The Effect of COVID-19 on LGBTQ Family Planning – The COVID-19 pandemic has affected us all in ways more numerous to describe.  Those of us with families have had to learn about home schooling, some the hard way (me).  Everyone has had to adjust to what essentially has become a home quarantine situation and the emotional effects of social isolation.  And we are all witness to the world going through a major change which will create a new reality for everyone when we emerge on the other side.  But we will emerge on the other side. effect of COVID-19 0n LGBTQ family planning

While I myself have experienced the loss of a friend due to the virus, as well as the infection of a family member, I know that we all are doing our best to maintain a sense of normalcy and peace within.  Practicing this type of self-care will help mitigate the effects of COVID-19 on LGBTQ family planning.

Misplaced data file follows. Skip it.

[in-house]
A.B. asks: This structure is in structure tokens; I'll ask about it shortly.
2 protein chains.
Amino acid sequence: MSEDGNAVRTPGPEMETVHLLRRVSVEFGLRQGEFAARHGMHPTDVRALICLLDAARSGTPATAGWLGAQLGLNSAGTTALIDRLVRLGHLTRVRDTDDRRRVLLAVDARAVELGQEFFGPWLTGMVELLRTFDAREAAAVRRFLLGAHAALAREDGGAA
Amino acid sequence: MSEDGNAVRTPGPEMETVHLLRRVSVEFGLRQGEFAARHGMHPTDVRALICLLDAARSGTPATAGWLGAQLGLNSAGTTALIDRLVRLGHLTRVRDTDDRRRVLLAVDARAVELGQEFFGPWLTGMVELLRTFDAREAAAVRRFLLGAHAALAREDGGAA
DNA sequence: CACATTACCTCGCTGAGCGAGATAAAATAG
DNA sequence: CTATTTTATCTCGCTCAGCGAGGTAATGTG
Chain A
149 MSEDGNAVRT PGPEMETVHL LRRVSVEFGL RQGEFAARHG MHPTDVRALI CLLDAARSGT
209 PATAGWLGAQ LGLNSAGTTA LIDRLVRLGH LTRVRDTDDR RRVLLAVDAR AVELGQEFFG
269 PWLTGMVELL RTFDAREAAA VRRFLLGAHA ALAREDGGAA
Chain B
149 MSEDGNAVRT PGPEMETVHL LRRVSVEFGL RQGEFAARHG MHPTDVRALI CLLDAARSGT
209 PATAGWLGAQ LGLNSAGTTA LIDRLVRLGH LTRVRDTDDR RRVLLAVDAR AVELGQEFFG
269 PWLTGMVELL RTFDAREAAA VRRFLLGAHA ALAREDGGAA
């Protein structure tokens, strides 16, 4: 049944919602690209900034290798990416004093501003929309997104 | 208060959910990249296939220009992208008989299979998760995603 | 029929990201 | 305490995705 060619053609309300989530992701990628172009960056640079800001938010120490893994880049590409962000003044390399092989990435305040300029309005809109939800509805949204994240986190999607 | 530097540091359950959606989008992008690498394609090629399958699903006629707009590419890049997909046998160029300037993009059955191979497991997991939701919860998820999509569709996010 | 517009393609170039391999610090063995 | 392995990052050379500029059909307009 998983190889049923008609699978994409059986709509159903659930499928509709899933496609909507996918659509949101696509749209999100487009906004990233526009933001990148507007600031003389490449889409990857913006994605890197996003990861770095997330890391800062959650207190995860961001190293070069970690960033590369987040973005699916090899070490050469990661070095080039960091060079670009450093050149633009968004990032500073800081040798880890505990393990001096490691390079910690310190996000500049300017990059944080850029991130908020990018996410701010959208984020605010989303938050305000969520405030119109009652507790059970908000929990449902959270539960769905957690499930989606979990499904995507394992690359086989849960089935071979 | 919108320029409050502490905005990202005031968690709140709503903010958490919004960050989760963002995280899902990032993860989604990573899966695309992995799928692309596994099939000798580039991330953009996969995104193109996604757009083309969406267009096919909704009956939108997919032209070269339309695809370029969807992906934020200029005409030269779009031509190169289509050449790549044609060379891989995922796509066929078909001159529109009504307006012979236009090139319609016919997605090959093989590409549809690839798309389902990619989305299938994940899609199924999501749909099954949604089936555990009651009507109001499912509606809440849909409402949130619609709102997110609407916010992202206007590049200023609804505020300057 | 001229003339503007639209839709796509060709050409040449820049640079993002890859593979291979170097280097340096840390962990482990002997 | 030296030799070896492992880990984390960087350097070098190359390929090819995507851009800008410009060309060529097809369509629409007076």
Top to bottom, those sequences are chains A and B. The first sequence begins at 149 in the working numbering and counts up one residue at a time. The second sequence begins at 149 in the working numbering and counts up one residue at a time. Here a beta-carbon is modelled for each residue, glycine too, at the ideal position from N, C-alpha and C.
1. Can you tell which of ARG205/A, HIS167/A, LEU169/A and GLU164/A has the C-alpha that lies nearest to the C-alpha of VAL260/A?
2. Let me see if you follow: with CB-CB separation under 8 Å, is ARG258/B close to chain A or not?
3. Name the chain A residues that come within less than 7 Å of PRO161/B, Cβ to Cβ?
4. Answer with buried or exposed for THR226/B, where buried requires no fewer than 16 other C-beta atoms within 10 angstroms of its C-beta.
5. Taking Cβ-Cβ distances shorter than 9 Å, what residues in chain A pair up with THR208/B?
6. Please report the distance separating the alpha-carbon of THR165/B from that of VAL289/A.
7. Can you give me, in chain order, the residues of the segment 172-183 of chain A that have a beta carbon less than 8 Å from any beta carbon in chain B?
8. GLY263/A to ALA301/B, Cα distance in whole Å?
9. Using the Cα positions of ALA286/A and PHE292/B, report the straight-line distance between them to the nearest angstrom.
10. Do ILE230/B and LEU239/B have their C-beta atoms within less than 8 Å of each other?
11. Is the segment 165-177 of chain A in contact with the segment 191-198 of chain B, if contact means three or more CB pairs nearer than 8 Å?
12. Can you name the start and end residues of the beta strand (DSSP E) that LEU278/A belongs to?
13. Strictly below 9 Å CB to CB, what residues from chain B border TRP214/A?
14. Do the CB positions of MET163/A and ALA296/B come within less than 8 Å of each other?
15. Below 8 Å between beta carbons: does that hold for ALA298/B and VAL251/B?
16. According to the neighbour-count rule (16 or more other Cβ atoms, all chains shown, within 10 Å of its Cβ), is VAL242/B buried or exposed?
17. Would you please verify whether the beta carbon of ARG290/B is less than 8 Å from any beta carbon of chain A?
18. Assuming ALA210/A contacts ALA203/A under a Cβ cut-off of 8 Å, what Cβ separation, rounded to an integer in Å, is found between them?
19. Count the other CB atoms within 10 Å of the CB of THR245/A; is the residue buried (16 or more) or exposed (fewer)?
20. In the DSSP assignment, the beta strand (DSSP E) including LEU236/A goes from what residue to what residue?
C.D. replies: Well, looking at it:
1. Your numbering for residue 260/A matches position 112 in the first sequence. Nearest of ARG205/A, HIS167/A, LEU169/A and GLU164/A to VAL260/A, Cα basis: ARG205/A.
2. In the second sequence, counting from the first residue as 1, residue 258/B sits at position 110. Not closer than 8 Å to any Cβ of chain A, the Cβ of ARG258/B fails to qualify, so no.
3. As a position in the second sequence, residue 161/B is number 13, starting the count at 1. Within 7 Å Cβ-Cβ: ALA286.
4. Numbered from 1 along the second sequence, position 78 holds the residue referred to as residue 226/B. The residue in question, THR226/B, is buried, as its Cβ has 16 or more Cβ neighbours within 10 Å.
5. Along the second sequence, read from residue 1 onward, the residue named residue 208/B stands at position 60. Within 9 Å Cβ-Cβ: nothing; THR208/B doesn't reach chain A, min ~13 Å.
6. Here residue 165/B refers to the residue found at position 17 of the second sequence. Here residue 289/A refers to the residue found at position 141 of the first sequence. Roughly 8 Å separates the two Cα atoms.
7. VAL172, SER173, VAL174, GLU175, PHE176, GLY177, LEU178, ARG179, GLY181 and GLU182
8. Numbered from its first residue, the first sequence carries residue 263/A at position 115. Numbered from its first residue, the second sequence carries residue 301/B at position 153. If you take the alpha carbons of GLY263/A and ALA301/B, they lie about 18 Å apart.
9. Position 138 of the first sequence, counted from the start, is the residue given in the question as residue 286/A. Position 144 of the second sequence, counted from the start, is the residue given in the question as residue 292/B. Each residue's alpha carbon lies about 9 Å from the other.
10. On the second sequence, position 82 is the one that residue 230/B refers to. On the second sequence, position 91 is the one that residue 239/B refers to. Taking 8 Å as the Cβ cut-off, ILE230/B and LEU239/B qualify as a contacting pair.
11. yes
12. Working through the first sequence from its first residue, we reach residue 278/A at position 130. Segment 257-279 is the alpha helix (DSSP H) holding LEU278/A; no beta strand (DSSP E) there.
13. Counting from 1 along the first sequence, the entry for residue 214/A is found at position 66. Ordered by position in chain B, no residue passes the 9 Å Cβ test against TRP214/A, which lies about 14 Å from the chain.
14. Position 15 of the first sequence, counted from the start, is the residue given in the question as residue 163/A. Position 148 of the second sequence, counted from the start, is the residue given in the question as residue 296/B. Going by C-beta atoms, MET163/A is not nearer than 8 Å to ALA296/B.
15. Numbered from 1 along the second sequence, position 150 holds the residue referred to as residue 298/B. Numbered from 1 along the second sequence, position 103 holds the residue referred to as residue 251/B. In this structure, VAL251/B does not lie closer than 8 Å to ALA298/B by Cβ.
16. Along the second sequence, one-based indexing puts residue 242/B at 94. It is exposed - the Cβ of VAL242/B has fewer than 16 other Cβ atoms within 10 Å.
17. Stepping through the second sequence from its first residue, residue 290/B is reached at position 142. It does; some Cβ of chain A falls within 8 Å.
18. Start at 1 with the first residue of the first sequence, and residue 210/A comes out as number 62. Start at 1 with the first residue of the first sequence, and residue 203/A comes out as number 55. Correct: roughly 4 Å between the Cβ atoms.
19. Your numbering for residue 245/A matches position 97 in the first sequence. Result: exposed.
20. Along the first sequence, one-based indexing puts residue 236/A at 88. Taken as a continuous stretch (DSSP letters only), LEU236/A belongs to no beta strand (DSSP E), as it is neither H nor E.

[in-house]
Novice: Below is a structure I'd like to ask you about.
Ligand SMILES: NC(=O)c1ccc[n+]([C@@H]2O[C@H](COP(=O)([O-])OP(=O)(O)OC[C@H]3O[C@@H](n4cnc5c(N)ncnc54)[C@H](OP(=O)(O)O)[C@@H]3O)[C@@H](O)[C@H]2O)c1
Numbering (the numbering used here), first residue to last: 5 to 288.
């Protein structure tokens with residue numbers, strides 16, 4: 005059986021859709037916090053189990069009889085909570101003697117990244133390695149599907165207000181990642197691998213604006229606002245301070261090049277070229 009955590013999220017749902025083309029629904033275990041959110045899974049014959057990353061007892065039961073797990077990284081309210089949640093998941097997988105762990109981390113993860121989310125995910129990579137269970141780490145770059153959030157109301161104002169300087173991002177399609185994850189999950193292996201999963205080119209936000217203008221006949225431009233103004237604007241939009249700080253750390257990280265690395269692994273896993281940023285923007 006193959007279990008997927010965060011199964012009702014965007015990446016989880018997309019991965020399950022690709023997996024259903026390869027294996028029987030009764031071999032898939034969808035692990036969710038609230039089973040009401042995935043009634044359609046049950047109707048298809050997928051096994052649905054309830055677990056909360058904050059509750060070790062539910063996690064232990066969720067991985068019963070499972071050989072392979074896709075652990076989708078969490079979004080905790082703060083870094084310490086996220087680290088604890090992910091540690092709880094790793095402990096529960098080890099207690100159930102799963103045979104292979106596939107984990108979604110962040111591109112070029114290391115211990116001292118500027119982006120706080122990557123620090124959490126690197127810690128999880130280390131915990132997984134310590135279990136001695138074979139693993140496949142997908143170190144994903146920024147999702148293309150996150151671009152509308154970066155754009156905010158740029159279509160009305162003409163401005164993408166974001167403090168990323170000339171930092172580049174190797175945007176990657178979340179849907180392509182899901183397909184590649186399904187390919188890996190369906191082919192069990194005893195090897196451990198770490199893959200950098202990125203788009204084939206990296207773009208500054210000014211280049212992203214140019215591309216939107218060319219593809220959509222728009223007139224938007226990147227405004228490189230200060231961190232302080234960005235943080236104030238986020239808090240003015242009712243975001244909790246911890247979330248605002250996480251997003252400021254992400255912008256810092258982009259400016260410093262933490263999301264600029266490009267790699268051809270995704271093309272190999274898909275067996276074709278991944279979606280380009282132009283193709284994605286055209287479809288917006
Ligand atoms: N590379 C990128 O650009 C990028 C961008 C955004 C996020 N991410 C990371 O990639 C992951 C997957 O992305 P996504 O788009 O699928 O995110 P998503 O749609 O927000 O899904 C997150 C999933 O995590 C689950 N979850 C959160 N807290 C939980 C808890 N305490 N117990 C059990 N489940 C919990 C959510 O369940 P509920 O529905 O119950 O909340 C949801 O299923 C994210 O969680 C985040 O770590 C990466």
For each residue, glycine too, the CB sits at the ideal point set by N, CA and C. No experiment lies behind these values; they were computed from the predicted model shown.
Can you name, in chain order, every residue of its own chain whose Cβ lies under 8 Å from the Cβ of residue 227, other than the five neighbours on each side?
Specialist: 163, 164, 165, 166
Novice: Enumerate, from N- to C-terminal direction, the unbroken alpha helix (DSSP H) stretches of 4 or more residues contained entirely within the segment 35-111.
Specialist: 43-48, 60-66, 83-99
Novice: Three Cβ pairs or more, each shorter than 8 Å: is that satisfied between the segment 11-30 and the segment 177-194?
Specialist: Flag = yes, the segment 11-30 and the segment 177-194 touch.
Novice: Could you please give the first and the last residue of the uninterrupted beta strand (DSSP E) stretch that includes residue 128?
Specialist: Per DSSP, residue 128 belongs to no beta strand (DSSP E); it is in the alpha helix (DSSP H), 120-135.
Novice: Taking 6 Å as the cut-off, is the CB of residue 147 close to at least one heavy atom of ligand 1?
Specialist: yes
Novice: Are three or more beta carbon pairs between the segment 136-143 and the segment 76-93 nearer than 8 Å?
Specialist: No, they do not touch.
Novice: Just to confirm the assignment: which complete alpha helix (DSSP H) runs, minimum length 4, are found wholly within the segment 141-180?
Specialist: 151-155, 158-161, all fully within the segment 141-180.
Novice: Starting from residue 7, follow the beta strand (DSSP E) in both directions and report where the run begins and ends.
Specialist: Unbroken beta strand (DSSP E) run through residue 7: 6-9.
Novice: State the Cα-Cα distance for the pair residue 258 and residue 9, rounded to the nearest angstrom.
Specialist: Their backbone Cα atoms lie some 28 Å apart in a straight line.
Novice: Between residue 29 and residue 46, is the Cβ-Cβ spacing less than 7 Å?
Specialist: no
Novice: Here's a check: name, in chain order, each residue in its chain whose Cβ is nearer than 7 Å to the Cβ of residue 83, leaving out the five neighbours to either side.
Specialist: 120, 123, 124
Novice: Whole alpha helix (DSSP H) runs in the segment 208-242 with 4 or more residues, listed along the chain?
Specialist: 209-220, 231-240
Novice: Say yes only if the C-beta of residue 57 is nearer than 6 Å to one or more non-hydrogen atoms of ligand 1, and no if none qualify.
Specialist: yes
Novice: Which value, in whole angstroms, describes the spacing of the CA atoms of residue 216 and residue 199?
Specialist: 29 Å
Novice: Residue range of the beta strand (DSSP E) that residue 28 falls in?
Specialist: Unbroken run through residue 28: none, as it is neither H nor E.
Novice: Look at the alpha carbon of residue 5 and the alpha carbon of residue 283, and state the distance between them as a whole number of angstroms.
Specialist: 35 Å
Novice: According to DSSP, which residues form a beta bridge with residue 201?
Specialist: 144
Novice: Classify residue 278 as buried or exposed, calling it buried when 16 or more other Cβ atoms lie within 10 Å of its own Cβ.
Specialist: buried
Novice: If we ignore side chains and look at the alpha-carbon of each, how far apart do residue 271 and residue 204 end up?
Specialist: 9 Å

The effects of COVID-19 on LGBTQ family planning are very real.  I have said in the past that there are no accidental pregnancies in the LGBTQ community.  Everything is carefully thought out and planned in advance.  However, the COVID-19 virus has created specific and real-world disruptions to our ability to create families.

For example, those were using, or planning to use, an IVF clinic for either surrogacy, artificial insemination (AI), intrauterine insemination (IUI) or in vitro fertilization (IVF) procedures have experienced an actual shut down of normal operations.  The clinic administrators that I have spoken with are optimistic that once the virus is contained, or at least the infection curve has flattened, that they will resume normal operations.  For the time being, they are following ASRM guidelines.  But they will also be dealing with backlogs of patients and procedures that may cause further delay in your family building timeline. 

effect of COVID-19 0n LGBTQ family planningFor lesbian couples who have thoughtfully chosen to use a clinic to assist in insemination, this delay is not only frustrating, it can also change the projected timeline of their families.  Even those couples who choose anonymous sperm donors will most likely have to wait an indefinite period of time to undergo AI or IUI procedures.  For those who choose known sperm donors, the essential DNA testing that is a prerequisite for clinic inseminations will also be on a delayed time schedule.